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  • Writer's pictureDale Hill

Trans Catalina Trail - Departure Day

Updated: Feb 24, 2023

What better way to end a fantastic week of backpacking than with hunting for survey marks?!

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I encourage you to follow my journey as it unfolded, enjoying the articles chronologically; however, for ease, these links allow you to jump between specific days. All links open in a new window so you won't lose your location.

Departure Day: Early Morning Catalina Harbor Hike

Date: January 27, 2023

Distance: 2.81 Miles

Total Elapsed Time: 1h 40m

Total Moving Time: 1h 15m

Highest Elevation: 269 Feet

Elevation Gain: 265 Feet

Trailhead: Buffalo Flats Campground (Two Harbors Playground)

Today is my final day on Catalina Island, and it has been quite a week! Last night's bison traffic through my campsite wrought havoc on my sleep, and for the first morning all week, I woke feeling tired. Fortunately, today is easy, and I only have to be ready to board the Catalina Express back to San Pedro at 11:30 a.m.

Morning Hike along the Catalina Harbor

I decided to hike out toward Ballast Point on the east side of Catalina Harbor to look for a few survey marks before breakfast.


The first mark on my list was a mile from my campsite. On my way there, I passed a lone bison; he was grazing on the hillside above the road, probably one of the two I saw last night. 🦬 🙄 If he noticed me walking by, he showed no sign of it.

Type of Marker: DS - Triangulation Station Disc

Setting: 80 - Set in a boulder

Stamping: None

Monumented: 1933 by the US Coast and Geodetic Survey

The mark was easy to find, past a bench at the bend in the road, overlooking the harbor entrance, then down a trail leading to the water's edge. I hoped it would have been stamped with the name and date, but it was a blank triangulation station disc; still, it was right where it was supposed to be. The datasheet listed a reference mark nearby, but I could not find it.

The second mark on my list was on a hill overlooking the harbor, close to Banning House Road. When I hiked into Two Harbors Tuesday, I had contemplated stopping to look for this mark as it seemed very close to the road; but there was a large fenced-in area between the road and where I expected the mark to be, so it looked like it might not be accessible.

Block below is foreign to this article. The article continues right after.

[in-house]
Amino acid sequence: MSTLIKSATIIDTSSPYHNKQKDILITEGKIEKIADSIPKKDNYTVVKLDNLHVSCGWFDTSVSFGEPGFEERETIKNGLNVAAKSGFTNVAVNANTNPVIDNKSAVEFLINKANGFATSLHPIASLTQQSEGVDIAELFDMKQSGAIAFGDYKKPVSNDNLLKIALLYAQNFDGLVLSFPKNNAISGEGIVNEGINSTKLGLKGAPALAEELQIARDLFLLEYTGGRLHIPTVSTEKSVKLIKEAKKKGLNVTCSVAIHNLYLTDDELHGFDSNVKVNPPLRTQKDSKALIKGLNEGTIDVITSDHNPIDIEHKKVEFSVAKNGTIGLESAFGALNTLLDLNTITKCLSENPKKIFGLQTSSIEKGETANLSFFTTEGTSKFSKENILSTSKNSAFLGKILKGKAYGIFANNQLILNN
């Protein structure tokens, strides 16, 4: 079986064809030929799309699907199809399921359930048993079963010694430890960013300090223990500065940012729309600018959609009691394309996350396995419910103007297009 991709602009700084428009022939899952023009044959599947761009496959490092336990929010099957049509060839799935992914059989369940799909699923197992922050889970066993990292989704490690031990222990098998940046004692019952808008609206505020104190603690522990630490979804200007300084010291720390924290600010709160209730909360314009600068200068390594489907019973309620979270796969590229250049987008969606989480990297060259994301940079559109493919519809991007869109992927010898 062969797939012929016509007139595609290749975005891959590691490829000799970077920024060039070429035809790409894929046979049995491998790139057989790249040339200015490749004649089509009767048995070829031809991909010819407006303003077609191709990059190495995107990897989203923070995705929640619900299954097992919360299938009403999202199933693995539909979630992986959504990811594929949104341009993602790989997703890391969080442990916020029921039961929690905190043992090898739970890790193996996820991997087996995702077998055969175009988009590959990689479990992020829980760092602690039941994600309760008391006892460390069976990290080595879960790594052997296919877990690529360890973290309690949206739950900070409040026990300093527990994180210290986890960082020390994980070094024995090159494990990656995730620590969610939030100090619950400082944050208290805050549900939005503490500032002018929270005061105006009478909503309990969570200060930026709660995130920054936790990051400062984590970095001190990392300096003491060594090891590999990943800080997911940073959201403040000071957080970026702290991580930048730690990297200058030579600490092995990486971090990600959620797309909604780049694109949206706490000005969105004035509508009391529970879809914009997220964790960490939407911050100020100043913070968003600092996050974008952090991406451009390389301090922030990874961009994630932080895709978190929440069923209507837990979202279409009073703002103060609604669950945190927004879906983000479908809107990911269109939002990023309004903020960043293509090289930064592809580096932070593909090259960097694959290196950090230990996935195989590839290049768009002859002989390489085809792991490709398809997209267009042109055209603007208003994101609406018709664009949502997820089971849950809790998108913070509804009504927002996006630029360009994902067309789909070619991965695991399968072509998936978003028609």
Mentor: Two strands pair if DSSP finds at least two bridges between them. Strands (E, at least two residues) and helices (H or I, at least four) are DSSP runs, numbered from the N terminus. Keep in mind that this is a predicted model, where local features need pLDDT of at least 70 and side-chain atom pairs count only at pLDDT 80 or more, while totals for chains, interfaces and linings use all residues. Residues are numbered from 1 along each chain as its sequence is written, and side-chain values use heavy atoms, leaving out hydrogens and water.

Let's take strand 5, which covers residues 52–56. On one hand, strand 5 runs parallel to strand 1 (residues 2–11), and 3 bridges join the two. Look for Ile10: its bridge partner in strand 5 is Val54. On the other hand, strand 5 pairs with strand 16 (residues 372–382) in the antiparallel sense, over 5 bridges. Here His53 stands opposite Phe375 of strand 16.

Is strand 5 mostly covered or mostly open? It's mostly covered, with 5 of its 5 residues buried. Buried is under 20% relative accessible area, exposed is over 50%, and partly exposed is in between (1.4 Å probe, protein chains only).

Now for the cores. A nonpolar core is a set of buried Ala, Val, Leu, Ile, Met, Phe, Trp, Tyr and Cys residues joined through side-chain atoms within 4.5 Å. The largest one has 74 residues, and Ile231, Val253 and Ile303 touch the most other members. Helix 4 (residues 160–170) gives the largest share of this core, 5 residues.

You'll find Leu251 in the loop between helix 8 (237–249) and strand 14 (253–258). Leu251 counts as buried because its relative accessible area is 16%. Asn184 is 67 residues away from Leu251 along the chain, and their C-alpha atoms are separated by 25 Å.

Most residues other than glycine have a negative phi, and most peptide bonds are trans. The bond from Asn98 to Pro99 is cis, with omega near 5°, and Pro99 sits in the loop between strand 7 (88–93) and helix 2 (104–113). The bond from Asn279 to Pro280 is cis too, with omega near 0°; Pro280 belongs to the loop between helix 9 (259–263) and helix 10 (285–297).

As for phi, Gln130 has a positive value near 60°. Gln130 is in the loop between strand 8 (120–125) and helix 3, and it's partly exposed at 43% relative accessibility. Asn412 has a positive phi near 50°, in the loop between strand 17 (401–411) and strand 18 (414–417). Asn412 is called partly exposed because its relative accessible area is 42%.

Type of Marker: DS - Triangulation Station Disc

Setting: 7 - Set on the top of a concrete monument

Stamping: ISTHMUS 1933

Monumented: 1933 by the US Coast and Geodetic Survey

This morning, I hiked back up the road and followed the edge of the fenced-in area to a small knoll, where I spotted a witness stake. From there, it was straightforward to recover the station and reference mark no. 2; however, I was unable to find reference mark no. 1.

Happy with the recoveries I made this morning, I returned to the road and my campsite at the playground; the total walk was just under 3 miles, and I was ready for breakfast.

After my final oatmeal and coffee breakfast of the week, I began my morning ritual of breaking camp and re-packing my gear. Knowing that I wouldn't need access to anything on the boat, I filled my now empty BearVault with whatever gear would fit; everything clipped to the outside of my pack during the hike was stowed inside, and I emptied my hydration bladder. I started the hike with 48 pounds, which included food and water; my ending weight was 38 pounds, with only two dehydrated meals left and no water.

Relive® 3D Video of Today's Section

It was a short walk to the Visitors Center, where I turned in my partially used fuel canister, dropped my pack, and headed over to the general store to get a few snacks for the boat ride back. When the boat arrived, I enjoyed watching the new arrivals eager to get started on their hikes.

Since there had been an earlier boat departure (9:30 a.m.), this one was empty; I counted eight passengers for the trip back! No need to store my pack below deck; I had my pick of seats for the ride to San Pedro.

Santa Catalina Island in The Rear View Mirror

What a great week! The hike was everything I thought it would be and then some. I was fortunate with the timing; the weather conditions all week were perfect. Two weeks earlier, the island had been inundated with rain, and the trails were closed. As a result of that rain, the island was vibrant green everywhere I looked. Those who hike the TCT during the regular season must contend with high temperatures, sun exposure, and full campgrounds; thankfully, those weren't issues for me. I met some awesome people on the trail and was grateful to be able to decompress and enjoy my surroundings. I returned to the San Pedro port with a full heart and many fantastic memories! ❤️

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